Yet another court case illustrates a crucial safety tip to stave off credit card fraud.
The advice is pretty obvious, but not everyone adheres to it.
A suspect in Muscogee Superior Court faced charges Monday of robbing an insurance agent on Matilda Lane — just off St. Marys Road near Buena Vista Road — and using the agent’s stolen credit card to buy gas.
He didn’t use the credit card four or five hours later, or the next day, police said: He was gassing up a car with the stolen American Express card in just 24 minutes and less than a mile away, at a Circle K on Victory Drive.
A detective testified police used footage from store security cameras to track the suspect as he went from the Circle K to the Victory Drive Wal-Mart buying gas with the stolen card — or trying to, anyway, until the card no longer worked.
This was right after the insurance agent reported to police that he was at his pickup truck when two men pointed a gun at his head and went through his pockets, taking his wallet with credit cards, truck keys and $500 in insurance company cash.
The agent immediately did exactly what you’re supposed to do: He started calling credit-card companies to cancel or lock those accounts so the robbers couldn’t pile up fraudulent credit-card charges.
As quick as he was, he couldn’t cut the cards off in time to stop the Circle K gas purchase, but he was able to pre-empt the attempted Wal-Mart purchase and others, police said.
That illustrates the advice authorities emphasize repeatedly: As soon as you discover a credit card has been lost or stolen, call the company immediately. Regardless of whether you’re liable for the fraudulent purchases that ensue, you don’t want to give the thieves a free ride on your financial services or risk your credit score.
Also you want the police on their trail as fast as investigators can start tracking attempts to use the card.
Police stress this because a pattern is repeated so often in these cases: Thieves figure they’ve only so much time to get all they can out of a card, so they rush to use it. It now is typical for them to speed to a gas station and fill up not only their own personal vehicle but to call friends and relatives and invite them to fill up, too.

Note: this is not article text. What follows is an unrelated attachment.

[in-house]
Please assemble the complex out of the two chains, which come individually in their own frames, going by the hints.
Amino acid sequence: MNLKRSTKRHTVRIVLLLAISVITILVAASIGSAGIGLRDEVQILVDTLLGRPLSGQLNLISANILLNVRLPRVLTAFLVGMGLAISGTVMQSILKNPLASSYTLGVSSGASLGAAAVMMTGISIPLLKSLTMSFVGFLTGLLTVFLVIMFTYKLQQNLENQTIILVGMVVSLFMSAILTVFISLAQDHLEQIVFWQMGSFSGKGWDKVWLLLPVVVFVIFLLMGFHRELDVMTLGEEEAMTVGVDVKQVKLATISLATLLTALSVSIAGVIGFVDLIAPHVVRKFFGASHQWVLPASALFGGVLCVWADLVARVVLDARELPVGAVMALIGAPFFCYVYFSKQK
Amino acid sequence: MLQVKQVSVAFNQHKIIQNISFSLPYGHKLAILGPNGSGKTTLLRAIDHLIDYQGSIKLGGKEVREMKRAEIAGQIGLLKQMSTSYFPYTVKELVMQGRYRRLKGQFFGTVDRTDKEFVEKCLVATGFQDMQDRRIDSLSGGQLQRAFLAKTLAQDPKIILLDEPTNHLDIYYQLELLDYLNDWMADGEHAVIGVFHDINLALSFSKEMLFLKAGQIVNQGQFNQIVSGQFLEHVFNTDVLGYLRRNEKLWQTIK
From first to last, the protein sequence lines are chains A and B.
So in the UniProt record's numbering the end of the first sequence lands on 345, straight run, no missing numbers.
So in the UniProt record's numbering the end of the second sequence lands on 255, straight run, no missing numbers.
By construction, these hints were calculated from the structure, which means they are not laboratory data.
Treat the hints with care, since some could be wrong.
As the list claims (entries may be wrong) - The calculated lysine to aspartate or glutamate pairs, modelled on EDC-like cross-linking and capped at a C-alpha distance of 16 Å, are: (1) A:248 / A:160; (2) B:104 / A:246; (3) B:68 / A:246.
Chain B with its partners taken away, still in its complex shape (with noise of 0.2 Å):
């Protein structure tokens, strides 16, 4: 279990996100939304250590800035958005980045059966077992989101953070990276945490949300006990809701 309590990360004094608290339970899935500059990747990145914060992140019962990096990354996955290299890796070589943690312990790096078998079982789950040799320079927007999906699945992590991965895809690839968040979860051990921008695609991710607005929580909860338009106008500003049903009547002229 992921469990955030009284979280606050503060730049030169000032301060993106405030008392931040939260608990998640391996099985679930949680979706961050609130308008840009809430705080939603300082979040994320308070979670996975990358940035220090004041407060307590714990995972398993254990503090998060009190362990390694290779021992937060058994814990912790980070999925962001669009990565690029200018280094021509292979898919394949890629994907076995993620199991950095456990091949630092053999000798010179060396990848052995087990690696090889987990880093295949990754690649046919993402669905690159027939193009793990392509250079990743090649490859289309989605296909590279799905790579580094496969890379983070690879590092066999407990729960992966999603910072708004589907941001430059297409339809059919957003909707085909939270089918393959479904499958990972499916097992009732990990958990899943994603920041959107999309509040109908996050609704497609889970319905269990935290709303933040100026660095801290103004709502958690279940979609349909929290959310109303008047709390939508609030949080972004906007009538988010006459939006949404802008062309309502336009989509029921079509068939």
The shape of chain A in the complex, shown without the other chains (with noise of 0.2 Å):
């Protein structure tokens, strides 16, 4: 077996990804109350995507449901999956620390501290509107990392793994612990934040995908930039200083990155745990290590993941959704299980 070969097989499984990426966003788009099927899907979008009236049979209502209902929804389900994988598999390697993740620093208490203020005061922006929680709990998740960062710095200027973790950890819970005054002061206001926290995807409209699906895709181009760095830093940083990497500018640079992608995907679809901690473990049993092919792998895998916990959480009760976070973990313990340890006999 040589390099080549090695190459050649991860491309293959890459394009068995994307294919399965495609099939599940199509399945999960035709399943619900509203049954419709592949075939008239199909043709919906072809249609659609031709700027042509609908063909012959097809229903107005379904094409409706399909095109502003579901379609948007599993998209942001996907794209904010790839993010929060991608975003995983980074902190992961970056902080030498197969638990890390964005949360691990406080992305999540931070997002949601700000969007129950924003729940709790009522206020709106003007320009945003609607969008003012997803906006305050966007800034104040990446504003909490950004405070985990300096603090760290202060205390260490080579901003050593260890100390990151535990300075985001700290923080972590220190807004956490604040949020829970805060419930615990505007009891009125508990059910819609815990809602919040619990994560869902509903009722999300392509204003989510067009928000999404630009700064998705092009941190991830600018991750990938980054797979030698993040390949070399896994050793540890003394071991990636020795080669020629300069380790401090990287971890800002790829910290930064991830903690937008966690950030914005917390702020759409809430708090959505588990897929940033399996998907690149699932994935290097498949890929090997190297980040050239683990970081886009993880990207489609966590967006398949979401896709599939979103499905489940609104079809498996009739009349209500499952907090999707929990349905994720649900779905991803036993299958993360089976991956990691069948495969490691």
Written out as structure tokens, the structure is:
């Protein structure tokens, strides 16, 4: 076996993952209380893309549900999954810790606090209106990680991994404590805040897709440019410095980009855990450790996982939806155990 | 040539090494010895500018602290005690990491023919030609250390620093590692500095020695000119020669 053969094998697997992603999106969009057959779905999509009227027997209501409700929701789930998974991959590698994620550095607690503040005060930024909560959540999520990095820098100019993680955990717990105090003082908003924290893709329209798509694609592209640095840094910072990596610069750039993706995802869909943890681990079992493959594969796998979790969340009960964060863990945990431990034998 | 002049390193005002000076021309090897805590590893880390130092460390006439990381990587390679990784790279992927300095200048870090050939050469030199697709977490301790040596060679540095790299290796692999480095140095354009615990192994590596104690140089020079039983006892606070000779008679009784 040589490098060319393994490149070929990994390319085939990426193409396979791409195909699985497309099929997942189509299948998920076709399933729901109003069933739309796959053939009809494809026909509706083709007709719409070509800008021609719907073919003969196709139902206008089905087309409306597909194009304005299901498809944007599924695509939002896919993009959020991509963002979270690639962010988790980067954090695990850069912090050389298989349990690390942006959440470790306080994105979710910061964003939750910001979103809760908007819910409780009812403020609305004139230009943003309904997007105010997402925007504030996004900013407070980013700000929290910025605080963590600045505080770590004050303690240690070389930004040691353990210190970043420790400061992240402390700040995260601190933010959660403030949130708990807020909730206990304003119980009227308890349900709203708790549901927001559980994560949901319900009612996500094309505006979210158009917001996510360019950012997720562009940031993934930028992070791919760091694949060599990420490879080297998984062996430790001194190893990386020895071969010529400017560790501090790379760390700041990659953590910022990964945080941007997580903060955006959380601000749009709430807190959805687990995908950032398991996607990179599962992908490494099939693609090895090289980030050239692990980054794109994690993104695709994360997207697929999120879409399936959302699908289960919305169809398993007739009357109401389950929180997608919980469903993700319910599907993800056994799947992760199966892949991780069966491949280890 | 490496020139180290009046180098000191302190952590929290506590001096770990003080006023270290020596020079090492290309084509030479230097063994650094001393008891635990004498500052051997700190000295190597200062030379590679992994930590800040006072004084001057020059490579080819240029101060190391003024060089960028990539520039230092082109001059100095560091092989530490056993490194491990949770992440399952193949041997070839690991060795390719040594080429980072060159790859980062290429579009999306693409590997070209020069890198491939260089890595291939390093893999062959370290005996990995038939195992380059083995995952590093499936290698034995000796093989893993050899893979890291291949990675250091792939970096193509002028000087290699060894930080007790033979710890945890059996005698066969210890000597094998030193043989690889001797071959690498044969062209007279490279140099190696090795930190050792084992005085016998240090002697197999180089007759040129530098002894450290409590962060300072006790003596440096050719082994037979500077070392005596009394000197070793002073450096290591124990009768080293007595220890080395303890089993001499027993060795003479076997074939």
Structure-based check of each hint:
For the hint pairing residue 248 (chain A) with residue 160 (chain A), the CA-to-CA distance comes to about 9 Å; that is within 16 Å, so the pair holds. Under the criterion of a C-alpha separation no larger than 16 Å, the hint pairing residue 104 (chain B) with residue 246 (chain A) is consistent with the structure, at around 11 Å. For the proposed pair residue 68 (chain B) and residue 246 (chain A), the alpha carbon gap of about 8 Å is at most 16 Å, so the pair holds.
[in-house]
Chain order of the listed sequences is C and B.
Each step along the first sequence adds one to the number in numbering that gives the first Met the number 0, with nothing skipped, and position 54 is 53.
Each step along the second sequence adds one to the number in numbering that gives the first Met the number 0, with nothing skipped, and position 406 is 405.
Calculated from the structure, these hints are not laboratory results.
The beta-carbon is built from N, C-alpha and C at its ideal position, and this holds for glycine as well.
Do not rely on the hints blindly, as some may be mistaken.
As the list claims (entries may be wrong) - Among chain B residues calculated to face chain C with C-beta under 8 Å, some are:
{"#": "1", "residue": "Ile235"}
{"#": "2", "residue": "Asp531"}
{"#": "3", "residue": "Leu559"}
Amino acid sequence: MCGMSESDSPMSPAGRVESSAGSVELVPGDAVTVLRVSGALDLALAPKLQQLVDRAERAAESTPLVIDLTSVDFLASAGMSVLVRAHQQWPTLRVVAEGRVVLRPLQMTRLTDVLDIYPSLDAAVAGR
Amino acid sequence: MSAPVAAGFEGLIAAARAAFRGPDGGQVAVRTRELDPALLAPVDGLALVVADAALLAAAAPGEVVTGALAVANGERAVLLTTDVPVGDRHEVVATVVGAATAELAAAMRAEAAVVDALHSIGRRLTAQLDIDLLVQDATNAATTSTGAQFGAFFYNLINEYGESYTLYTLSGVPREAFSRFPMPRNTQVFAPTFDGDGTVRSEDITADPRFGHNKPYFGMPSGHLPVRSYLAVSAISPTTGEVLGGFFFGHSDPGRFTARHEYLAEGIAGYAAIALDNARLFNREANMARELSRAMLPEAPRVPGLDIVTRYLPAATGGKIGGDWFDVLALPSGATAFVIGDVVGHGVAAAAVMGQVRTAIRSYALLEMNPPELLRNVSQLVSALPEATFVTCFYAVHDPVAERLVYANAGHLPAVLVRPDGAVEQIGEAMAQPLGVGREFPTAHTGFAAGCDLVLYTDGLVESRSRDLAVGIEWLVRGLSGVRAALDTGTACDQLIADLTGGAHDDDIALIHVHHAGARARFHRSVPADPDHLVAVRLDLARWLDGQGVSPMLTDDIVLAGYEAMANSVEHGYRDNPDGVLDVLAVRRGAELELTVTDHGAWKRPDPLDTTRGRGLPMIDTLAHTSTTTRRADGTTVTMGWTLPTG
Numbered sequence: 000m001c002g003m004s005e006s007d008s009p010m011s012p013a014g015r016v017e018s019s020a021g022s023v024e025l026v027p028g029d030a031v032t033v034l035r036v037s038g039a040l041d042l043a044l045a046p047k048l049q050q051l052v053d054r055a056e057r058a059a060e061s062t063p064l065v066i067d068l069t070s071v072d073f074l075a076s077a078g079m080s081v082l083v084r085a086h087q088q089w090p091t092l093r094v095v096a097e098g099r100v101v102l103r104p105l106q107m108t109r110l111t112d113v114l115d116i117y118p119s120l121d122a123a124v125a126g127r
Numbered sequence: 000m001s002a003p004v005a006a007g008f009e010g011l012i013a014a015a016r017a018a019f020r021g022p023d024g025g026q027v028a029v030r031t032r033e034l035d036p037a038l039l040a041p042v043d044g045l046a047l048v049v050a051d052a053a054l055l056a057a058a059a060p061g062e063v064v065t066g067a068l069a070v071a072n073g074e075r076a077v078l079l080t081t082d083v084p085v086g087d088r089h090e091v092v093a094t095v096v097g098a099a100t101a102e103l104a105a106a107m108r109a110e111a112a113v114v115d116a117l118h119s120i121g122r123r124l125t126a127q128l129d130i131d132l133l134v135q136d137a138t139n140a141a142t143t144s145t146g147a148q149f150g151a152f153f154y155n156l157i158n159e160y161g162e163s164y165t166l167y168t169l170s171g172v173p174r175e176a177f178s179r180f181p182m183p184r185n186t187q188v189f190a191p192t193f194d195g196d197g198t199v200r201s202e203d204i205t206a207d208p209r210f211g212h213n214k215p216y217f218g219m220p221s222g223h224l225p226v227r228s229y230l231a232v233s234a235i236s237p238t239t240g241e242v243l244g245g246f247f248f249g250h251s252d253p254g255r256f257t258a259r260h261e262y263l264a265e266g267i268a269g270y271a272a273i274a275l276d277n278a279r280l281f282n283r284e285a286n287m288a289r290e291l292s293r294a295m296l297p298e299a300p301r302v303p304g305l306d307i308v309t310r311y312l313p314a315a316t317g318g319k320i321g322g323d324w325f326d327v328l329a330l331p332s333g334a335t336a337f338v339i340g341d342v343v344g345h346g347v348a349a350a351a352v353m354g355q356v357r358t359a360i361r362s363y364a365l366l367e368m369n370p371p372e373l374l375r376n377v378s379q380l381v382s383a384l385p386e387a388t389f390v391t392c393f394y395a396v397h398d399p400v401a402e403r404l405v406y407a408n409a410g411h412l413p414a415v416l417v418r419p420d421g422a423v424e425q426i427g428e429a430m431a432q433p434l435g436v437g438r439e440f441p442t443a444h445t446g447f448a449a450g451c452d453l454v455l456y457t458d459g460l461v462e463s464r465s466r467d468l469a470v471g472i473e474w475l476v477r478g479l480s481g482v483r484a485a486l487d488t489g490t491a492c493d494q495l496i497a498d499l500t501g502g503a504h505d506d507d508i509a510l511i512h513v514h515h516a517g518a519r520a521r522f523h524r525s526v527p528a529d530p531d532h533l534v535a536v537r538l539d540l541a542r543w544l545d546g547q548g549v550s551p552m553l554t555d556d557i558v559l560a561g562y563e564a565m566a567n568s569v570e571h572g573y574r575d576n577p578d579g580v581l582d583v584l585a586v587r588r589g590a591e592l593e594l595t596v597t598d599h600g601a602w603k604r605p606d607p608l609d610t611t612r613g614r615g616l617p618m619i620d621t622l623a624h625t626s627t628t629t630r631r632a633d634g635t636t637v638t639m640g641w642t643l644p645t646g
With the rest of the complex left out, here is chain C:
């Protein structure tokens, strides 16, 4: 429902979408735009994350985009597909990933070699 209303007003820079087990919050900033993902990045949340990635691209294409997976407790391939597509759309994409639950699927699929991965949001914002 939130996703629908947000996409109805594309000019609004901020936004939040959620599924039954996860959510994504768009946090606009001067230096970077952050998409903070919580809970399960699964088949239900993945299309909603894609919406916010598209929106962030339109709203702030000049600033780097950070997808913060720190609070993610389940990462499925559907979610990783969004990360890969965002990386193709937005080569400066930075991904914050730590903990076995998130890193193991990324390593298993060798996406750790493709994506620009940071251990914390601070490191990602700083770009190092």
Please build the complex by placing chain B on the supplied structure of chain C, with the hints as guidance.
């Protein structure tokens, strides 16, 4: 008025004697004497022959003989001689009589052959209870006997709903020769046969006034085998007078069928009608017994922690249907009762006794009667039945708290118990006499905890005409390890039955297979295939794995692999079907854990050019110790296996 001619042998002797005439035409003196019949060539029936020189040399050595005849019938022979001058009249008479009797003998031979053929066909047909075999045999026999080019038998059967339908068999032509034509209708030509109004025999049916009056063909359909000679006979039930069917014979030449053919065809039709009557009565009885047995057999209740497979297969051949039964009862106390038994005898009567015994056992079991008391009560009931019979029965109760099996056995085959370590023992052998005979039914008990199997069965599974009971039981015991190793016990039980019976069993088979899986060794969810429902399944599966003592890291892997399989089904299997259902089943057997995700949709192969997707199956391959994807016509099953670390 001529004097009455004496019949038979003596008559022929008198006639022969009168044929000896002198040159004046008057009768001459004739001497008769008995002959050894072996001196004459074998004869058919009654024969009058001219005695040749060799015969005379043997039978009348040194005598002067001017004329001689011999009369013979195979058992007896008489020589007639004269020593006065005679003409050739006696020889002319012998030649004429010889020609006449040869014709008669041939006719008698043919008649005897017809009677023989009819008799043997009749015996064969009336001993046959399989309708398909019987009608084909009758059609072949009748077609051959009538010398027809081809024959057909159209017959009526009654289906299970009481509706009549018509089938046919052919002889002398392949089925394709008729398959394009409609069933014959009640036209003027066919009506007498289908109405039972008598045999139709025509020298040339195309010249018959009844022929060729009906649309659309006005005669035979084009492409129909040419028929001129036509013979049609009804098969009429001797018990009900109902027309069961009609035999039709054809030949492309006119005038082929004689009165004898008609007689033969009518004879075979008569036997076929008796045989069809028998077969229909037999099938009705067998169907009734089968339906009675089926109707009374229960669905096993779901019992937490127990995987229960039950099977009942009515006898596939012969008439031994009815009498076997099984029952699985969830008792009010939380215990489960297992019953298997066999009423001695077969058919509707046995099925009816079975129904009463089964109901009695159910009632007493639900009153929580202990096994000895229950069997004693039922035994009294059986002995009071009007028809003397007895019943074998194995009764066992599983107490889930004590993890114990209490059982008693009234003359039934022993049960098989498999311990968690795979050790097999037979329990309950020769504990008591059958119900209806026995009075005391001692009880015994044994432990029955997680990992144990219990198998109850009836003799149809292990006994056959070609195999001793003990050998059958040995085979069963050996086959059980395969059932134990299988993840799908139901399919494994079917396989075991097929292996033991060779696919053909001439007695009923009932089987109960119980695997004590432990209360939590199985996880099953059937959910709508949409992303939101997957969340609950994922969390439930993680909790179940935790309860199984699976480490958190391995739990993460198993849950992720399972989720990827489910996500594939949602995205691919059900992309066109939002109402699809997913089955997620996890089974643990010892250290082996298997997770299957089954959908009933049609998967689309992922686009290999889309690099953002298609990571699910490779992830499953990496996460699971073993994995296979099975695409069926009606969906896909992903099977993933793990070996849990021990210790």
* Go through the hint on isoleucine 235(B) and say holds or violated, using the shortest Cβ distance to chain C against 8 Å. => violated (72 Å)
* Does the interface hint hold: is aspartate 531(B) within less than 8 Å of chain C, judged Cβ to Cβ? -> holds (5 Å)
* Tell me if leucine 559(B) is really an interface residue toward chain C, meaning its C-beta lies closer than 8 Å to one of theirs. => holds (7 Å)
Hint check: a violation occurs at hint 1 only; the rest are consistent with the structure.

“We have seen multiple cars filled up on a credit card,” says Columbus police Maj. Gil Slouchick, adding, “Time is of the essence.”
Neglect or delay canceling the card, and the fraud can reach impressive sums.
Columbus police last year had a case in which thieves got hold of a card that was in a car they stole on Nov. 22, the vehicle having been left with the motor running outside a Double Churches Road liquor store.
Within 40 minutes of the 7:40 p.m. theft, one of the suspects was using the USAA credit card at the Wal-Mart Supercenter on Gateway Road.
Later he and his accomplices used it again at the Columbus Park Crossing Kohl’s. The next day they went to the Airport Thruway Wal-Mart. They also ran up charges at the Whittlesey Boulevard Wal-Mart, and at a Shell service station, a Circle K and a Bojangles restaurant. By the time their spending spree ended, they had spent $11,449 on food, clothes, TVs and drones.
Slouchick cites another reason police need quick notice: Some businesses hold their surveillance videos only for a month or so, and then that evidence is lost. Investigators have to get it as soon as they can.
He suggests also that if you can’t find your card and suspect you simply misplaced it, call the credit card company anyway, and warn representatives to watch for suspicious purchases until you solve the mystery.
The Federal Trade Commission urges consumers to keep credit card accounts and company numbers somewhere safe, so you can get to that information quickly in an emergency. And consider keeping your cards somewhere other than a wallet or purse that thieves or robbers will target, to minimize your losses if that particular item’s stolen.
The FTC also recommends you never carry more credit cards than you need.
Source: Ledger Enquirer